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Recent games show baseball truly unique

Baseball is just different. A lot of it is the game’s sheer unpredictability, combined with downtime between delivery of pitches that allows for speculation, strategy and — a fan favorite — second-guessing.
Baseball does not resemble the constant flow of lacrosse and hockey, the solo artistry of tennis and golf, or the sheer athleticism of track and field.
It is true, however, that other sports, like baseball, do offer pauses for reflection. Some football fans like to say baseball is boring, for example. Now, I like American football fine, but the entire structure revolves around committee meetings followed by brief bursts of action, usually further interrupted by commercials, timeouts and calls for medical attention. 
Soccer and field hockey offer speed and nuances and up to 90 minutes of low-percentage scoring strategies employed in hopes that a few might work; certainly, like baseball, there is time for thought.
Still, baseball is different. One thing that sets baseball apart is that it is a team sport in which an individual has to perform alone on an island — be it a mound, batter’s box or patch of ground where a ball is hit — while teammates watch, and sometimes pray.
Another is that the possibilities seem limitless. All hell can break loose at any given time. Truly, one never knows what will happen. A fan of the game — even one like me who has played in, watched as a fan, or covered probably thousands of baseball or softball games for 48 years — can show up and be stunned in a manner unlike in any other sport.
And that’s just what happened twice in a recent 13-day span: I saw two of the wildest — maybe even the two most unusual — sporting events I’ve ever witnessed.
One ended in heartbreak for a local nine — Vergennes Union High School lost a first-round home playoff game in 10 innings, but not before appearing to score the winning run on three consecutive plays in the bottom of the 8th inning.
In a still-scoreless outing, one Commodore was called out at home on a squeeze bunt on a close play; on the next play, another runner was awarded home on an overthrow, but then sent back to third when the umpires changed their call; and, finally, the same runner came home again when Hans Westenfeld beat out an infield hit. But the umpires ruled the runner at second base had deliberately danced in front of the shortstop making the play, and called him out for interference. Inning over. 
No, I had never seen anything like it. In a work of fiction, that sequence would strain what English teachers call the willing suspension of disbelief. After the game, VUHS coach George Ringer told his team, rightly, they had played well enough to win. Westenfeld, understandably, found the second two calls hard to accept. “But George, we had the game won twice,” he said.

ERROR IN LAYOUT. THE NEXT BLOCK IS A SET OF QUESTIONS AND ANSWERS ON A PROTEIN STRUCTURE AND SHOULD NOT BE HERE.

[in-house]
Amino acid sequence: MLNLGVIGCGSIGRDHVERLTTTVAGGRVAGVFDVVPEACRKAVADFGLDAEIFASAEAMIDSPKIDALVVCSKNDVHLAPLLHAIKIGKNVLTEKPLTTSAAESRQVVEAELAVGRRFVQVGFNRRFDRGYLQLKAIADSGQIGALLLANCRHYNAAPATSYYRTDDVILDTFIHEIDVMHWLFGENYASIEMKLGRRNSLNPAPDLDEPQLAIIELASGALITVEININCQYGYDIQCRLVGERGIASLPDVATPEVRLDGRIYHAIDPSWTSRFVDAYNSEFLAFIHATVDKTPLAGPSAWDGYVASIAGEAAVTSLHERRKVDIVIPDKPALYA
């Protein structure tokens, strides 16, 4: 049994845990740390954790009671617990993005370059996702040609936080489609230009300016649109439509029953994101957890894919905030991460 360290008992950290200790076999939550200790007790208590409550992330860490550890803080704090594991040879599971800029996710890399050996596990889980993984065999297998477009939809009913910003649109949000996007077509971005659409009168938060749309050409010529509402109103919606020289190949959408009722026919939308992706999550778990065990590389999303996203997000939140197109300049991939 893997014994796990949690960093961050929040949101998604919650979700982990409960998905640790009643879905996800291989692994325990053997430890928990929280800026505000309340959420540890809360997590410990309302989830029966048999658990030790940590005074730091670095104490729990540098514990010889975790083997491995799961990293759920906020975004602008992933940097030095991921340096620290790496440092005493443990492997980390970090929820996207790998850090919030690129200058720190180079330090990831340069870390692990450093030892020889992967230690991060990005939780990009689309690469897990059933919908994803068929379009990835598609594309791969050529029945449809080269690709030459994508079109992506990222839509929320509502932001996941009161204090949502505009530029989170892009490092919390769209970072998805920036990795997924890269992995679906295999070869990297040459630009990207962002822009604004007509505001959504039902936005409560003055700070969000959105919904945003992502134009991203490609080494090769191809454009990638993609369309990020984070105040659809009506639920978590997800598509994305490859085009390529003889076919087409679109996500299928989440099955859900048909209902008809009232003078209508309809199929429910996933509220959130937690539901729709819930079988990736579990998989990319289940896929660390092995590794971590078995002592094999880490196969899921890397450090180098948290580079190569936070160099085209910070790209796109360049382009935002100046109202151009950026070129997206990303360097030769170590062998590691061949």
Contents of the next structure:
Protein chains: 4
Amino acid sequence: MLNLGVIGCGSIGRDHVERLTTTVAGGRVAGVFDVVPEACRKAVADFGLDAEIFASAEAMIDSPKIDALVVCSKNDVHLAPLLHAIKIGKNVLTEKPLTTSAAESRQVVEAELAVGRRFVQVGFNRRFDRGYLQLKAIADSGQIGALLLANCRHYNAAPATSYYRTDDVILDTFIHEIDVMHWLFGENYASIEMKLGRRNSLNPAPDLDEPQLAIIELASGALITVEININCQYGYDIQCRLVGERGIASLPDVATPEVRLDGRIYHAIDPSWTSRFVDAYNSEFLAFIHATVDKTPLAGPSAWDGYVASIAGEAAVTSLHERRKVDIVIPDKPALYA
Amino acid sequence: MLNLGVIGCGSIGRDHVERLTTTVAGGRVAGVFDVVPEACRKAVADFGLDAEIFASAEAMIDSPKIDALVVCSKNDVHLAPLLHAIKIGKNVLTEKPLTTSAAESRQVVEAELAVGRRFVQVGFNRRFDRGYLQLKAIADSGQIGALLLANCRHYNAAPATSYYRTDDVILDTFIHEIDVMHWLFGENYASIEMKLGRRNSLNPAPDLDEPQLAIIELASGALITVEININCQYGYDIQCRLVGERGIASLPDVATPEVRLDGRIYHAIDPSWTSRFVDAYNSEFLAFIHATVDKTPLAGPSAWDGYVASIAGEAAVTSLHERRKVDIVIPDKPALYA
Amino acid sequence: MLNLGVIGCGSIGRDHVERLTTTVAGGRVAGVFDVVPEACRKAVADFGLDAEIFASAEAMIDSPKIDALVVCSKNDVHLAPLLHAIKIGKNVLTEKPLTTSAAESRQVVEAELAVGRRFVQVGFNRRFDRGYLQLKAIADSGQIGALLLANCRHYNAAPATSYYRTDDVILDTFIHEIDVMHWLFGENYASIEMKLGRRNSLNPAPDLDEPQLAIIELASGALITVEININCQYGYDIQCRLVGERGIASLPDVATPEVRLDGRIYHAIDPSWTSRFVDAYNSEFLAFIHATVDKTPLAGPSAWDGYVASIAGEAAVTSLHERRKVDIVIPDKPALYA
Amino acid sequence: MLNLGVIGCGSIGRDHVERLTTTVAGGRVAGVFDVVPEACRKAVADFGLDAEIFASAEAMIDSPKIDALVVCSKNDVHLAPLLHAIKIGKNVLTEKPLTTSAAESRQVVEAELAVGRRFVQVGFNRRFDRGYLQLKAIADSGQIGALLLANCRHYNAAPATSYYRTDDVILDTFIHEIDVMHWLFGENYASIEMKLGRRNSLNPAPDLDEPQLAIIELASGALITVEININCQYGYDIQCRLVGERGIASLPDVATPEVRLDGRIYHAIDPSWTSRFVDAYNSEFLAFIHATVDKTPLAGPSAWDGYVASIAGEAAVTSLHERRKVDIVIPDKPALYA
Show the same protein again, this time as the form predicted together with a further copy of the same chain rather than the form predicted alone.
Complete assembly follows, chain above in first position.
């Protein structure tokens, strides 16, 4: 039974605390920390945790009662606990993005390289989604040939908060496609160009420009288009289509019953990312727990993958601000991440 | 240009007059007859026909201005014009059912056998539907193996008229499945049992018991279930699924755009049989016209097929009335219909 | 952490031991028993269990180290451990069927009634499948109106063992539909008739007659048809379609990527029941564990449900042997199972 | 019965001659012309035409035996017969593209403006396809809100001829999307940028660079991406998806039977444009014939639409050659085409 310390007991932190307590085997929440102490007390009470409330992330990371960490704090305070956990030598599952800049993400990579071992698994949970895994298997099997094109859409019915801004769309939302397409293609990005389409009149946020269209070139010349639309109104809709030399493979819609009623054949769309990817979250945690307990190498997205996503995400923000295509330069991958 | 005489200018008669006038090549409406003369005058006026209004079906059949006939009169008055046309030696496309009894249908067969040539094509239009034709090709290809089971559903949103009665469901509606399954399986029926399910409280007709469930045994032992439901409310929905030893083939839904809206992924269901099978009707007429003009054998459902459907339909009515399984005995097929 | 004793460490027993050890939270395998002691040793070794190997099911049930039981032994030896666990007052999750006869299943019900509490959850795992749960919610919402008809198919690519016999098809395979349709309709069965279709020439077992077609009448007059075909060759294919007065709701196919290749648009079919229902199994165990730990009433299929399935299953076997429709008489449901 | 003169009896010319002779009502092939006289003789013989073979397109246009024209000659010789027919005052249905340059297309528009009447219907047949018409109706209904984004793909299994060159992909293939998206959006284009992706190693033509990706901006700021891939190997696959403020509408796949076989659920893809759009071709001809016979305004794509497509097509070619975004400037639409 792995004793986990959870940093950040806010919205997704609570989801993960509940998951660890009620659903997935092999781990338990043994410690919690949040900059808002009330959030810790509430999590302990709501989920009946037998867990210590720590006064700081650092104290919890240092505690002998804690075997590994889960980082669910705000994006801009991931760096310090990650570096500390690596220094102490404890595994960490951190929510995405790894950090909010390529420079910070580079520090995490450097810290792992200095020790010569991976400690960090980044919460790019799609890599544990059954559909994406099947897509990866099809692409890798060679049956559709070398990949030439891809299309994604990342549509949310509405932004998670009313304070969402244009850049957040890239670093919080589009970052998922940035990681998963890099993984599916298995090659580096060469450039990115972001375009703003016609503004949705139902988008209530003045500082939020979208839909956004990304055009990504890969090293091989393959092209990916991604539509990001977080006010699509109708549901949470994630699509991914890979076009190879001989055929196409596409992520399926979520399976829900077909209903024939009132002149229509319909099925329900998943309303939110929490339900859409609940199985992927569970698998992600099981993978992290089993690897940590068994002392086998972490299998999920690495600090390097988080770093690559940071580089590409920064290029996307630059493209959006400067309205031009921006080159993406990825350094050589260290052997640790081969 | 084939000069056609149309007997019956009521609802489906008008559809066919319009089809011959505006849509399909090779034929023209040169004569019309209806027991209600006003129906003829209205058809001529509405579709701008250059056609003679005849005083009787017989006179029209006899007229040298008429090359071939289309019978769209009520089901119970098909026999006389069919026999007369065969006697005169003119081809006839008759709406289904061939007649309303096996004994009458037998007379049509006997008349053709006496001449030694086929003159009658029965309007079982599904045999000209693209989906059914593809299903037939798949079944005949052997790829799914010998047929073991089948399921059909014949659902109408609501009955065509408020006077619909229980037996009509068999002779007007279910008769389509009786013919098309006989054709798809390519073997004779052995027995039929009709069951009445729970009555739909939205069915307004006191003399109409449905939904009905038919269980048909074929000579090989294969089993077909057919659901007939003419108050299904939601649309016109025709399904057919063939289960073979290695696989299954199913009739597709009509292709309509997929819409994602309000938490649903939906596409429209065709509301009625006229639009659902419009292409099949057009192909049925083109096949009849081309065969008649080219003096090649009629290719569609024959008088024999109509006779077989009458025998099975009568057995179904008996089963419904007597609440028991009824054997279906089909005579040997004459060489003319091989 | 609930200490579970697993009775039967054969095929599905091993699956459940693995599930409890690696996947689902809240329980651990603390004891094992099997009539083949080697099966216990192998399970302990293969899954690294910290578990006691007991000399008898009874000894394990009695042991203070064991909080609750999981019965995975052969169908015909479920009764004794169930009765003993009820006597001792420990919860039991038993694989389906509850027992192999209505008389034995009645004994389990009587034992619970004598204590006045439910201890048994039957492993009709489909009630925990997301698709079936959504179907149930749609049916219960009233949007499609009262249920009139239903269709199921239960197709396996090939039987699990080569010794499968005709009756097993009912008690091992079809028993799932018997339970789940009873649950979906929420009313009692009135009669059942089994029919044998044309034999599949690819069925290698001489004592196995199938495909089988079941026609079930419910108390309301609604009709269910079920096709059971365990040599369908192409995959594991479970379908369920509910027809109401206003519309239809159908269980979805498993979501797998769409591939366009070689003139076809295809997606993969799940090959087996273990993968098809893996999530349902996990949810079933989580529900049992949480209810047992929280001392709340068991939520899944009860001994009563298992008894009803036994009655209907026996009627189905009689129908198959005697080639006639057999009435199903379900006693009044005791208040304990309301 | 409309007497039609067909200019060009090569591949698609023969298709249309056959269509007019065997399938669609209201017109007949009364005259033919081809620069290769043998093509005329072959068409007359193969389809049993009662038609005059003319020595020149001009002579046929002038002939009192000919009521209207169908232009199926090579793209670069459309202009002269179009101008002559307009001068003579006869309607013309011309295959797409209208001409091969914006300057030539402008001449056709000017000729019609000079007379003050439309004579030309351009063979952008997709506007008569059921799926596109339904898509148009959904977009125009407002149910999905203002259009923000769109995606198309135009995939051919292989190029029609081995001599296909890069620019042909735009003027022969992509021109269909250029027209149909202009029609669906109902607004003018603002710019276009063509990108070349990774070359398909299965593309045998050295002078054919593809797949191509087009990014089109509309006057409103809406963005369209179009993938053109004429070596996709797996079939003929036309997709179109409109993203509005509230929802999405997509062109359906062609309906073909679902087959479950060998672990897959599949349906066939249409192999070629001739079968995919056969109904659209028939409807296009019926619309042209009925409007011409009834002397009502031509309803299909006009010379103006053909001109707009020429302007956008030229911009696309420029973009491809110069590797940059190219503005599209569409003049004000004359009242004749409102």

And who but a pulp novelist would dare to write anything based on the June 14 Mount Abraham championship game up in Montpelier. There, the Eagles took a seemingly safe 4-1 lead into the 7th and, they hoped, final inning, over Burr & Burton.
Except normally reliable senior third baseman Sam Lieberman committed two costly errors with reliever Mickey O’Connor on the mound. Four runs scored to put the Eagles down, 5-4. O’Connor, who admits he used to lose his composure when things didn’t go well, surveyed the wreckage and calmly kept throwing strikes to keep the Eagles in the game, and Ryan Siegle singled in Adam Pouliot in the bottom of the 7th to force extra innings.
What happened next only blurs in memory; in real time, suspense built almost intolerably between each point in the sequence.
Lieberman led off the ninth with a slow roller to third and hustled toward first base to force a quick throw that drew the first baseman an inch off the base as Lieberman fell over the bag in a heap and everyone wondered if he were either hurt or out or both.
But he was neither and then the pitcher threw two wild pitches and Lieberman was on third. Ethan Heffernan fell behind on the count but then laid down a perfect two-strike squeeze bunt and Lieberman slid home safely and there were two happy piles of Eagles.
One pile landed on Heffernan and one on the guy who went from being desperately alone on the island at third base to being the happiest person in Vermont.
Sam Lieberman.
Only in baseball.
Andy Kirkaldy may be reached at andyk@addisonindependent.com.

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